Defences to Speeding Tickets
Many people appear in traffic court just “hoping the officer doesn’t appear….but what do you do if the officer is there?
Does the Police Officer Come to Court?
You’ve heard people say they fight their own tickets and usually win.
What usually happens is they attend court and the officer didn’t show up, they got lucky…
They don’t tell you about the times they lost or didn’t know what to say when they saw the officer.
Most police officers do appear for traffic court and “occasionally” they do not appear. An officer may not appear because:
- they were called to a more important event
- the police service is short staffed and the need officer “on the road”
- the officer is unable to attend or has been excused e.g. sickness
Police officers are always required to appear in court if they are off duty, or on their day off they receive overtime pay. Where an officer misses court without authorization they can be disciplined or fined by management.
Many times people show up to traffic court unprepared because:
- they don’t understand the system,
- they don’t know the legal technicalities of speeding
- their only hope is the police officer does not attend
- they don’t know if the prosecution can prove the charge
- they don’t understand the implications of reduced charges
- they take the uninformed guilty plea offered by the prosecutor
If you want to fight your speeding ticket, drivers need do their homework on how to conduct a trial and learn the legal technicalities or speak to professionals like OTT Legal.
Appearing in Traffic Court
Traffic court in Ontario is the same as you see on television. The Judge is a Justice of the Peace, there is a court appointed prosecutor, and the police officer.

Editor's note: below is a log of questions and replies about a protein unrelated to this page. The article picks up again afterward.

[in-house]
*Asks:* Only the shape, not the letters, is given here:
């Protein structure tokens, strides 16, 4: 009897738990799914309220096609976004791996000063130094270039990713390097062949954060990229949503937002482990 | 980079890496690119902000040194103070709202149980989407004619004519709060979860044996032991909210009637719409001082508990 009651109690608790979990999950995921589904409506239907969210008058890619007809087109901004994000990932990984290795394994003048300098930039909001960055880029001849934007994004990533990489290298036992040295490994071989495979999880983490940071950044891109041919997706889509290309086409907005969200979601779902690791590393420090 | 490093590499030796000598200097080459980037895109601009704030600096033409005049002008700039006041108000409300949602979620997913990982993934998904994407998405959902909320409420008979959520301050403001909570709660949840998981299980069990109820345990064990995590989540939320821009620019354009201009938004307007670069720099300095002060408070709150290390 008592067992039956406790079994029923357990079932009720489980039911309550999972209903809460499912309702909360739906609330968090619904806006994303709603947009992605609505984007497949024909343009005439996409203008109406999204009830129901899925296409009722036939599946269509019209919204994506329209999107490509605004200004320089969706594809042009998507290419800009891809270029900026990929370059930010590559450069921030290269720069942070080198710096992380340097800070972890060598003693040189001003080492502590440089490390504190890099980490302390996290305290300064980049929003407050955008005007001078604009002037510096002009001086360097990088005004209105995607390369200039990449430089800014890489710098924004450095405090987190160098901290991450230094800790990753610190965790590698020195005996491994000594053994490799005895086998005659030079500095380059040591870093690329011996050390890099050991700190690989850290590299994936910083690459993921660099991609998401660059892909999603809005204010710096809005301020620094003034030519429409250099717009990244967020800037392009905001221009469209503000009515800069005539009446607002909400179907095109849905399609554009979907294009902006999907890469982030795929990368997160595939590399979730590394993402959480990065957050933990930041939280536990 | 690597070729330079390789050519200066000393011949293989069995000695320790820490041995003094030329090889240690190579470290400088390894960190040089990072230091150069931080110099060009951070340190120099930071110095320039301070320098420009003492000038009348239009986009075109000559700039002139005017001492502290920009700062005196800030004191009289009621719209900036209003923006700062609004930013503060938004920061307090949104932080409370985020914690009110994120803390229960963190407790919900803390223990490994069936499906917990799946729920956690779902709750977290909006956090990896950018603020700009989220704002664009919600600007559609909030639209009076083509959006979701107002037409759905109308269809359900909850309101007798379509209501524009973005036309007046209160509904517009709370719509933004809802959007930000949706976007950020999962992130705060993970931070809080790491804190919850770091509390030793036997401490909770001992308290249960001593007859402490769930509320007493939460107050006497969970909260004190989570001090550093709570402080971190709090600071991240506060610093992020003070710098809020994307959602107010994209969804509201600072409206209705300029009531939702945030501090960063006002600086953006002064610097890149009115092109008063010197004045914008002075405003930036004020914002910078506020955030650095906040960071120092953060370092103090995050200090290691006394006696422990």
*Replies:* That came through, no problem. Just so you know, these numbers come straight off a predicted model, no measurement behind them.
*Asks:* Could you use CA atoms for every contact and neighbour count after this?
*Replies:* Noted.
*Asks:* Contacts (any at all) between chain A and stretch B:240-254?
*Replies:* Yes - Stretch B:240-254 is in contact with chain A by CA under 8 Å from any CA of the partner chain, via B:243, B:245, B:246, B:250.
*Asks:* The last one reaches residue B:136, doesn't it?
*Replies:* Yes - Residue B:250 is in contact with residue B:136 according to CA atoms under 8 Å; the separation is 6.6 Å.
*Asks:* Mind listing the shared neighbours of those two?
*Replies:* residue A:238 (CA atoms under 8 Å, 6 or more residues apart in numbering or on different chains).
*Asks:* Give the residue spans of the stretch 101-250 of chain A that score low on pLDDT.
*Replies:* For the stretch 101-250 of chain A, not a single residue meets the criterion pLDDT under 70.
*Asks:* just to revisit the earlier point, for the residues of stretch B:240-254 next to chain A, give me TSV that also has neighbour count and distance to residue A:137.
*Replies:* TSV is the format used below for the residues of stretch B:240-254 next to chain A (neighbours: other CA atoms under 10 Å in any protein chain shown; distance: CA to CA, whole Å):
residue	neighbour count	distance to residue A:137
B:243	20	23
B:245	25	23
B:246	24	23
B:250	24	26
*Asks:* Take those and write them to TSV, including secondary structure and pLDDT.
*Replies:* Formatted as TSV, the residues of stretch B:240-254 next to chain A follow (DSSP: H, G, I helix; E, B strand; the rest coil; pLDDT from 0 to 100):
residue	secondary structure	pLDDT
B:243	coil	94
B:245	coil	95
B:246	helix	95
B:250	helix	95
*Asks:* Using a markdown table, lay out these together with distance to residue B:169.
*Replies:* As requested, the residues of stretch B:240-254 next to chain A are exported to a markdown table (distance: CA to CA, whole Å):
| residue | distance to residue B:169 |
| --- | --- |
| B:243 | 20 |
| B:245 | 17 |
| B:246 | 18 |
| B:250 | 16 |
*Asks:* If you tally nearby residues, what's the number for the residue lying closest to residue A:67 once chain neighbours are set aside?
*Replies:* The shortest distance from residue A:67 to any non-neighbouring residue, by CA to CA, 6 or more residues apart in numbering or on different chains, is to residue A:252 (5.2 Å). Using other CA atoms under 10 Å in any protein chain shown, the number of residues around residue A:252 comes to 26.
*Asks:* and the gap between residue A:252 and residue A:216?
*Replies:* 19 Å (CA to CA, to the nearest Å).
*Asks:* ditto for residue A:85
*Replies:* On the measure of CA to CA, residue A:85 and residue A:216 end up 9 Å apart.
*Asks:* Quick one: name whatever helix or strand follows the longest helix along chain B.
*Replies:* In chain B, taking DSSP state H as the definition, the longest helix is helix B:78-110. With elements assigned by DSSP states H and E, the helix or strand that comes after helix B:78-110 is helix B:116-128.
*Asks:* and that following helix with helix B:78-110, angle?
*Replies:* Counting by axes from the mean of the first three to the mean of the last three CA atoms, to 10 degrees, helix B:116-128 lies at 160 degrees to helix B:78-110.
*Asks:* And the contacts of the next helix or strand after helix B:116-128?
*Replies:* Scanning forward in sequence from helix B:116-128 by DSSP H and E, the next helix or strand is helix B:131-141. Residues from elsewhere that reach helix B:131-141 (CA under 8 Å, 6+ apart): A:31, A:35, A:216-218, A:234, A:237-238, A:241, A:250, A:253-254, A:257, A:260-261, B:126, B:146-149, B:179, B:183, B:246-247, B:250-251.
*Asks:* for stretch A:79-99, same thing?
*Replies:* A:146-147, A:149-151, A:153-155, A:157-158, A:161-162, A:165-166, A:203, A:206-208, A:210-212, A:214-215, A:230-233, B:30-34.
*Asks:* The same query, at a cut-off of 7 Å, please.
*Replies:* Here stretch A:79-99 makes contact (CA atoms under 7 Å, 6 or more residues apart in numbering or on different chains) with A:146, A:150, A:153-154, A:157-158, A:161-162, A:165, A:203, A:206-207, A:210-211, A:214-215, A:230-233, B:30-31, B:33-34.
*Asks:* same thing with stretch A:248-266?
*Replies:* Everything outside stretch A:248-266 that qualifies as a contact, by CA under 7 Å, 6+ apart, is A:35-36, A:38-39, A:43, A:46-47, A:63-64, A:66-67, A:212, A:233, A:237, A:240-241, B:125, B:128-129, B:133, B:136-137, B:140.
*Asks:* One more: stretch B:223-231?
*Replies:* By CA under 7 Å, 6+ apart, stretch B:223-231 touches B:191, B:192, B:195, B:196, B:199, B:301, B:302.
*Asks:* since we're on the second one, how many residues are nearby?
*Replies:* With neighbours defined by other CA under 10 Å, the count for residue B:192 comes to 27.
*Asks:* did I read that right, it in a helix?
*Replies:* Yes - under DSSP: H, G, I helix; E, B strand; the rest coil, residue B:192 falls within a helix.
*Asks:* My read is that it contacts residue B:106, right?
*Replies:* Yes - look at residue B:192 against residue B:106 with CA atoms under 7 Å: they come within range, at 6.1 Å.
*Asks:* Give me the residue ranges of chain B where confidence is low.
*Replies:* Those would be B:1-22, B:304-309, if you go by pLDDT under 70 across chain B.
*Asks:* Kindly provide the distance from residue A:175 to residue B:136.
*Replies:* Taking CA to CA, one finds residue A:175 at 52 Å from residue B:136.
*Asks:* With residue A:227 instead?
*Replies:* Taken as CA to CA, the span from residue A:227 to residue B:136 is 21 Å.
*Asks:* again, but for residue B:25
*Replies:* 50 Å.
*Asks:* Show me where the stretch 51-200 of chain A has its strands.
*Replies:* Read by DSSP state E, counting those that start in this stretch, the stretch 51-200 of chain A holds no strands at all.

The driver or the accused in traffic court is called “the defendant”
The Court Prosecutor
The prosecutor job is to prosecute and convict the defendant/drivers of speeding. There is no free help or duty counsel in traffic court.
The prosecutor is employed by the municipality to help the police and court to conviction you. The prosecutor:
- is not in court to help you
- is not there to advise you if the officer is going to appear,
- will not tell you if there are legal arguments that apply to your ticket,
- will not tell you if there are mistakes on the original (court’s copy of the ticket),
- the prosecutor’s job is to convict you of speeding.
If there is something wrong with the officer’s investigation or the ticket, the prosecutor is not going to tell, help you with your case or accept your explanation for speeding. The prosecution does not advise or disclose errors or legal issues to you the defendant.
When you appear in traffic court in Ontario, prior to the court starting, the prosecutor will call each of the defendants to ask them how they are pleading to the charge, guilty or not guilty.
The prosecutor, as the name implies, is there to prosecute the defendants, they are not there to help you.
As well as prosecuting the cases the prosecutor’s job is to get through the court docket (the court cases) as quickly and expediently as possible.
The prosecutor doesn’t want to run trials as they are time consuming for the court, police and judge. The prosecutor wants the defendants to plead guilty to reduced charges, to the benefit of the court, not the driver.
When the driver says that they are pleading not guilty to the charge, the prosecutor may then offer to “reduce the amount of the speed and/or the fine”.
If the speeding ticket is reduced, the demerit points may also be reduced but not always. Accepting a reduced charge may or may not be in the best interests of the driver as it is still a conviction. Reduced speeding tickets still appear on your insurance for 3 years.
Understand what you’ve accepting as there may be no benefit to a reduced charge at all and/or the case could have been won at trial.
Saving demerit points has little benefit to a driver as demerits do not affect insurance unless you or over the limit for your class of licence.